There are no real disadvantages to performing Bulgarian split squats as part of your training split. The movement can be difficult to master at first and you need to make sure that you are following the correct method to avoid injury. By stretching well and starting off with just body-weight it is no riskier than other resistance exercises. 

How do I do Bulgarian split squats?

How do I do a bulgarian split squat

The standard Bulgarian split squat needs no equipment. As long as you have a way of supporting your rear leg, you can perform the movement with just your bodyweight. A flat bench, a step, a couple of weight plates or even a sofa will do as a support if you are working out at home. 
  1. Place one leg behind you with your foot on to the bench or support. 
  2. Stand with a straight spine and use your arms to stabilise you. You can use them as support or just for balance.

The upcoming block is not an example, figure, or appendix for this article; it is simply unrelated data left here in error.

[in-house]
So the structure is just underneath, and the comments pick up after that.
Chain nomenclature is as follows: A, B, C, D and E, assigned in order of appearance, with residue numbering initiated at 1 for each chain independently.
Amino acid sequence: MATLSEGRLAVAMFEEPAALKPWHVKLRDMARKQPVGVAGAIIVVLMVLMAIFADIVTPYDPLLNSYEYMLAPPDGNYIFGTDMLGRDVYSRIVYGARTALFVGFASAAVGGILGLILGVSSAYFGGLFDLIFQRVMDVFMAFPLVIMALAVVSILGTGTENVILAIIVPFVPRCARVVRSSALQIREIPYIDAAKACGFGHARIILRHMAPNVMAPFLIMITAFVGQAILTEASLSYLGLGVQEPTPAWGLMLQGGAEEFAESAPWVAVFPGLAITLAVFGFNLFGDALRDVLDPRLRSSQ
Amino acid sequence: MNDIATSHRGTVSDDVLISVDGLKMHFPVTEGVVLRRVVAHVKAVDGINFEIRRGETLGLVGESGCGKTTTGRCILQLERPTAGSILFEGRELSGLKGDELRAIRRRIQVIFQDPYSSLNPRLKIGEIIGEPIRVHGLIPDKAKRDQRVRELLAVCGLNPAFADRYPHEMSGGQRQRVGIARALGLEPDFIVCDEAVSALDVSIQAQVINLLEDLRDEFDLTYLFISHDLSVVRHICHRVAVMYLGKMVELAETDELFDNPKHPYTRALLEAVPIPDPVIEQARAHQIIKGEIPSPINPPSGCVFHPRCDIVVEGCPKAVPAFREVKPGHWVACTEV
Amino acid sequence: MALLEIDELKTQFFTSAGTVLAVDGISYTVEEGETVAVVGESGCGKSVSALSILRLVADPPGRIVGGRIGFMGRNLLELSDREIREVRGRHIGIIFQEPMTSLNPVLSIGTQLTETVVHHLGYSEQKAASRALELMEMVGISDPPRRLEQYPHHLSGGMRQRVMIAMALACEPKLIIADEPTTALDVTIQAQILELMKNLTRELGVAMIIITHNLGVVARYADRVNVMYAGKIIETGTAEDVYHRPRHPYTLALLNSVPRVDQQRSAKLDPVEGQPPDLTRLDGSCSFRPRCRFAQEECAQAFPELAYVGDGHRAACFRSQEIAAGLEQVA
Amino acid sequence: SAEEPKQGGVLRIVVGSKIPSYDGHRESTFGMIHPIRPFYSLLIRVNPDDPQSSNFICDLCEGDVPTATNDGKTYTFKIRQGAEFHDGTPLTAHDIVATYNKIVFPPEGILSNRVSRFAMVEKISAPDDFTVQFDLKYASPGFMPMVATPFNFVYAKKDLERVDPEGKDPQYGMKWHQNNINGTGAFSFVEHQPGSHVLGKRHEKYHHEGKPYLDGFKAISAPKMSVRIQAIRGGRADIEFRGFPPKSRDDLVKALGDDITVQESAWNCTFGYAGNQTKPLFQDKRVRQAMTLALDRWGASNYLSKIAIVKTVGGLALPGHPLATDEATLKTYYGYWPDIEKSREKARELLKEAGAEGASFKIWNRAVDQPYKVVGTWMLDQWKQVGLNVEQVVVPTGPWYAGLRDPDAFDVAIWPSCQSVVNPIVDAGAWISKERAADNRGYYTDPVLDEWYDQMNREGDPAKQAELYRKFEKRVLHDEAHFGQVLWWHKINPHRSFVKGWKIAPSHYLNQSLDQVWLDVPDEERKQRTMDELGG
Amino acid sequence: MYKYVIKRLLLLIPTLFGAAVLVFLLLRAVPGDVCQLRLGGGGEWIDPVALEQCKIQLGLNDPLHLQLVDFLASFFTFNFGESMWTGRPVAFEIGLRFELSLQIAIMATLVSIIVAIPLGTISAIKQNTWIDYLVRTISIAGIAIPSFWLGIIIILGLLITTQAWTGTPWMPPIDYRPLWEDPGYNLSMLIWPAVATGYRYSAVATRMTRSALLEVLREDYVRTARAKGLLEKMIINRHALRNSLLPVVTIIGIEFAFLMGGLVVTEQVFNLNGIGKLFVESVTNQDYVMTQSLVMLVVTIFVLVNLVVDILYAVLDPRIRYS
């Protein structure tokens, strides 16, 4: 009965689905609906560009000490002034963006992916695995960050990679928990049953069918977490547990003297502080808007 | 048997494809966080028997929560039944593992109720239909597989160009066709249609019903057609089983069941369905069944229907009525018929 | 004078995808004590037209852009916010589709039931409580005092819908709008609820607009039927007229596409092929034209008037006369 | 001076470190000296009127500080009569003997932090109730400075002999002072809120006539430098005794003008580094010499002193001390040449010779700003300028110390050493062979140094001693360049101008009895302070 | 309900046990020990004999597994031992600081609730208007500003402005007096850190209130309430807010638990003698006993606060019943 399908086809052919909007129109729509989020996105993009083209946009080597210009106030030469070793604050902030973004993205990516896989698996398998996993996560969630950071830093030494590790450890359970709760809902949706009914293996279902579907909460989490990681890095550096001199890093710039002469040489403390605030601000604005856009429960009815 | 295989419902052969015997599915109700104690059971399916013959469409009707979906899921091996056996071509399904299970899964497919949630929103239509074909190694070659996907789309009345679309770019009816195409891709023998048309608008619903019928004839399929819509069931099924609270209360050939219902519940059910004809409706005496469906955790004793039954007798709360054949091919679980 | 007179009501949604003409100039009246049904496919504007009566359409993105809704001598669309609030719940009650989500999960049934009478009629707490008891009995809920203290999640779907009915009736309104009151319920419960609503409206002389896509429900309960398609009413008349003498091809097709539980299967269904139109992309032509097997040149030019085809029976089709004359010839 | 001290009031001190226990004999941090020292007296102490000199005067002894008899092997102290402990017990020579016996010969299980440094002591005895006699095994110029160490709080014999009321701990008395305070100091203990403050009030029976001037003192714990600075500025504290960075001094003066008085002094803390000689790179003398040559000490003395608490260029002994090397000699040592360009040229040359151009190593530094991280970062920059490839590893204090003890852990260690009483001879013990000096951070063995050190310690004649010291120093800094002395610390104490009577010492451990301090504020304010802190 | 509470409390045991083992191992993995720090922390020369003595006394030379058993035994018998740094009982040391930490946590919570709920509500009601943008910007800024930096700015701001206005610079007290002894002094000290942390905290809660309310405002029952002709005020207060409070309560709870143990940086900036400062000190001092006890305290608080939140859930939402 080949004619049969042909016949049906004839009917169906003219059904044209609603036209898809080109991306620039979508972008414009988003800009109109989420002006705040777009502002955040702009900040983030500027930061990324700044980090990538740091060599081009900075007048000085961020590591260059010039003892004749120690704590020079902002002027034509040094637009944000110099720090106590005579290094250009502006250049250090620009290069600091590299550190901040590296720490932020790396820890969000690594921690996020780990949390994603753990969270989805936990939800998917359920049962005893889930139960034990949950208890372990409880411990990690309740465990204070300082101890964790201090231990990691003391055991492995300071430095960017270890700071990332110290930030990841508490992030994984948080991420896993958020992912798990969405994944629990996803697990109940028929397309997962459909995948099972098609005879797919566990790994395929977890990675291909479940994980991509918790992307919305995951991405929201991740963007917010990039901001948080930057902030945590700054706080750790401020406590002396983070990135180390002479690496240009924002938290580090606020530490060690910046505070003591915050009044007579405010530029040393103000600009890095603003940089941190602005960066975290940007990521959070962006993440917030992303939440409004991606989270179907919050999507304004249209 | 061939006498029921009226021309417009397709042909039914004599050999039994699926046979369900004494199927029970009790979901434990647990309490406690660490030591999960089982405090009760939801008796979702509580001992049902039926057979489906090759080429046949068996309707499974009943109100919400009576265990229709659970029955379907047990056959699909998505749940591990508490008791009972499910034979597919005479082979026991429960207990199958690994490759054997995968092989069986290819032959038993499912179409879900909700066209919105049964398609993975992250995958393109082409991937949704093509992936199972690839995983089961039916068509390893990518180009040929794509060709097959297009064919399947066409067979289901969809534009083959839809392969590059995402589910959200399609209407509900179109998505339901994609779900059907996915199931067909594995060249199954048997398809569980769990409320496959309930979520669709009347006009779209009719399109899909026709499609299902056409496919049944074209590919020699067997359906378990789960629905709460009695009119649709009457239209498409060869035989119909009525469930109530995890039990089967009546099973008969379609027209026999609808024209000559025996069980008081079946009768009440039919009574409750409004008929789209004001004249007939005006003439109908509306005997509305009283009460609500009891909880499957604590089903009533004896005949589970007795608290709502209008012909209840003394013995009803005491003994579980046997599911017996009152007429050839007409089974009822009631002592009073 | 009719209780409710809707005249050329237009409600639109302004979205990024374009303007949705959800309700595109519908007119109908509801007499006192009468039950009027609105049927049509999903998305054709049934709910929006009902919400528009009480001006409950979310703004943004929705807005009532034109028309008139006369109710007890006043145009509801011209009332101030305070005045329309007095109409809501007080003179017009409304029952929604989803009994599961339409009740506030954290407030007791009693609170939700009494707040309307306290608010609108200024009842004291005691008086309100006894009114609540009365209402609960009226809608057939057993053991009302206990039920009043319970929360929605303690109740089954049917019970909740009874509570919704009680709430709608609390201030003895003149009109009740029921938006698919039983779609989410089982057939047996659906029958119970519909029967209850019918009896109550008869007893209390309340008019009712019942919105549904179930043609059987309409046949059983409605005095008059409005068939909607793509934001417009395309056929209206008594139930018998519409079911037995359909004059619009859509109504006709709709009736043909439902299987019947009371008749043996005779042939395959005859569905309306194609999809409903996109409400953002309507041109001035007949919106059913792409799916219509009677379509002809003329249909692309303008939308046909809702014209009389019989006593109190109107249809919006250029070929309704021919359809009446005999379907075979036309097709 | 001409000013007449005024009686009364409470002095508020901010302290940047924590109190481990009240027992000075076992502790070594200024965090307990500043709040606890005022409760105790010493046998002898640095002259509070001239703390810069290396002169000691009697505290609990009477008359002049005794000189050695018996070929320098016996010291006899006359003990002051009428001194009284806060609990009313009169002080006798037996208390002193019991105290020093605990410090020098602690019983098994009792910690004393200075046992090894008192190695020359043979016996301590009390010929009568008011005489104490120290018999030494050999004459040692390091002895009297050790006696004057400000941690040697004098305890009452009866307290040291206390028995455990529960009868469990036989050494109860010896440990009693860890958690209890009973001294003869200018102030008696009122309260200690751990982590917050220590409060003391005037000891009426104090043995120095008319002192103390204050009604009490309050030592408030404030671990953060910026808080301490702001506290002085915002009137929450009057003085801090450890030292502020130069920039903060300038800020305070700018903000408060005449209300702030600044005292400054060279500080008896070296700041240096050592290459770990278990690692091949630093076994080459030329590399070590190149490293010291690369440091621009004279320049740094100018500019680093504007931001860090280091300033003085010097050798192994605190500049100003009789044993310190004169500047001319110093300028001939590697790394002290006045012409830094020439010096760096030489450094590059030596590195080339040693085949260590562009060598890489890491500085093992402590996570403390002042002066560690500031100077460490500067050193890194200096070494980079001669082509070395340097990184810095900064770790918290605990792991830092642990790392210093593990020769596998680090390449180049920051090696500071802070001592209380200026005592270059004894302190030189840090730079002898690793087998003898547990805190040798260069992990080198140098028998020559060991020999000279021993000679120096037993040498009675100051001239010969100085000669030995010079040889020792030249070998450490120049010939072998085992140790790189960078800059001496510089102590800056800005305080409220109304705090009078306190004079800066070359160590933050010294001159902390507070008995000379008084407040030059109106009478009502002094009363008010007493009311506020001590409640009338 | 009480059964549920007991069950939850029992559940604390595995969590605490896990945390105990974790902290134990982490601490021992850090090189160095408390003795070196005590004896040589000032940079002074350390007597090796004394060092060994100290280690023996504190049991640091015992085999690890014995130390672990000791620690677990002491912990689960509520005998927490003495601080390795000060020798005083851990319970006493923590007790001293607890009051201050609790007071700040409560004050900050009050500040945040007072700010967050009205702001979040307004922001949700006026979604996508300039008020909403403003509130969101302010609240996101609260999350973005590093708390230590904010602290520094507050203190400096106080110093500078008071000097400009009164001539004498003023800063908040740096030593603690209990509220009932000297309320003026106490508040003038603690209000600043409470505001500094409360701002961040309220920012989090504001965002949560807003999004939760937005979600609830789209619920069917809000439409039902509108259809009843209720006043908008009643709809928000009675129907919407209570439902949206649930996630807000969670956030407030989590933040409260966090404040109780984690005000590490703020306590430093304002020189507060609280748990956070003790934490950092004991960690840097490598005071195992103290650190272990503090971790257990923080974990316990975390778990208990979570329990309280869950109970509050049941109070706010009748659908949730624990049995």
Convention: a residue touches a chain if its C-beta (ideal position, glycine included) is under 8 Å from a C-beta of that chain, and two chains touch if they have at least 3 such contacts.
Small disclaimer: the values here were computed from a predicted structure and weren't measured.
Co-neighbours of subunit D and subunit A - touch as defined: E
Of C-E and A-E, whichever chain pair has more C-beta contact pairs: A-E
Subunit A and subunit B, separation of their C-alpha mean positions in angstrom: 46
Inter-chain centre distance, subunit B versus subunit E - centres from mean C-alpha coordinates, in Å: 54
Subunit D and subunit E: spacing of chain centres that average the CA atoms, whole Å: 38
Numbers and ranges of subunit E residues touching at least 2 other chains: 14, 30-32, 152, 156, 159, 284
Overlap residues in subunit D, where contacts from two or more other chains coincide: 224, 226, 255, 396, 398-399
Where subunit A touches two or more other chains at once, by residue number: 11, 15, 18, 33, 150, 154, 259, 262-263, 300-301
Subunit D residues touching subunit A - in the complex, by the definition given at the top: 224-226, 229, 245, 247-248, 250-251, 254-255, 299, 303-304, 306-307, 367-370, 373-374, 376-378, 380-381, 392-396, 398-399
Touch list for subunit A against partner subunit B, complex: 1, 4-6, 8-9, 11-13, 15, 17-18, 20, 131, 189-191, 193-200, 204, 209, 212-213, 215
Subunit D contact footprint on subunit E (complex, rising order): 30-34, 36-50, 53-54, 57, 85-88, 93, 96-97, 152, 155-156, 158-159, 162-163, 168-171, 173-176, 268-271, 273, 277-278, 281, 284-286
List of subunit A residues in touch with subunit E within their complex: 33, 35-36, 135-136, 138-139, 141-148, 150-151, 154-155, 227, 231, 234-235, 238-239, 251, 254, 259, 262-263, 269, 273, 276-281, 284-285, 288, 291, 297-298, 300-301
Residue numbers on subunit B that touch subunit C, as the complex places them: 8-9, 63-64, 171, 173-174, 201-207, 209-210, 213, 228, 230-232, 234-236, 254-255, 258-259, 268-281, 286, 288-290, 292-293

3. Flex the front leg at the knee by bending it to an angle of 90 degrees. 
  4. Hold this position for a second before breathing out and pushing back up. 
  5. Don't allow your standing leg to fully straighten before squatting again.
  6. Keep a straight back throughout the movement. Breath out as you push up and in as you lower down.
  7. Repeat for the required number of reps and sets on alternate legs.
It is important to make sure that you do not overextend the knee joint and squat too low. This puts immense pressure on the joint and you run the risk of injuring your quads or hamstrings. 

Bulgarian split squat correct form

Before you start the movement. make sure that the knee on your front leg is further forward than your rear supporting leg. If they are too close, you will over-extend the knee. This is not only an injury risk but makes balancing a bit harder too. 

How do I do a weighted Bulgarian split squat?

The movement for a weighted Bulgarian split squat is exactly the same as the standard Bulgarian split squat. It is for the more advanced lifter that wants to take their leg training to another level.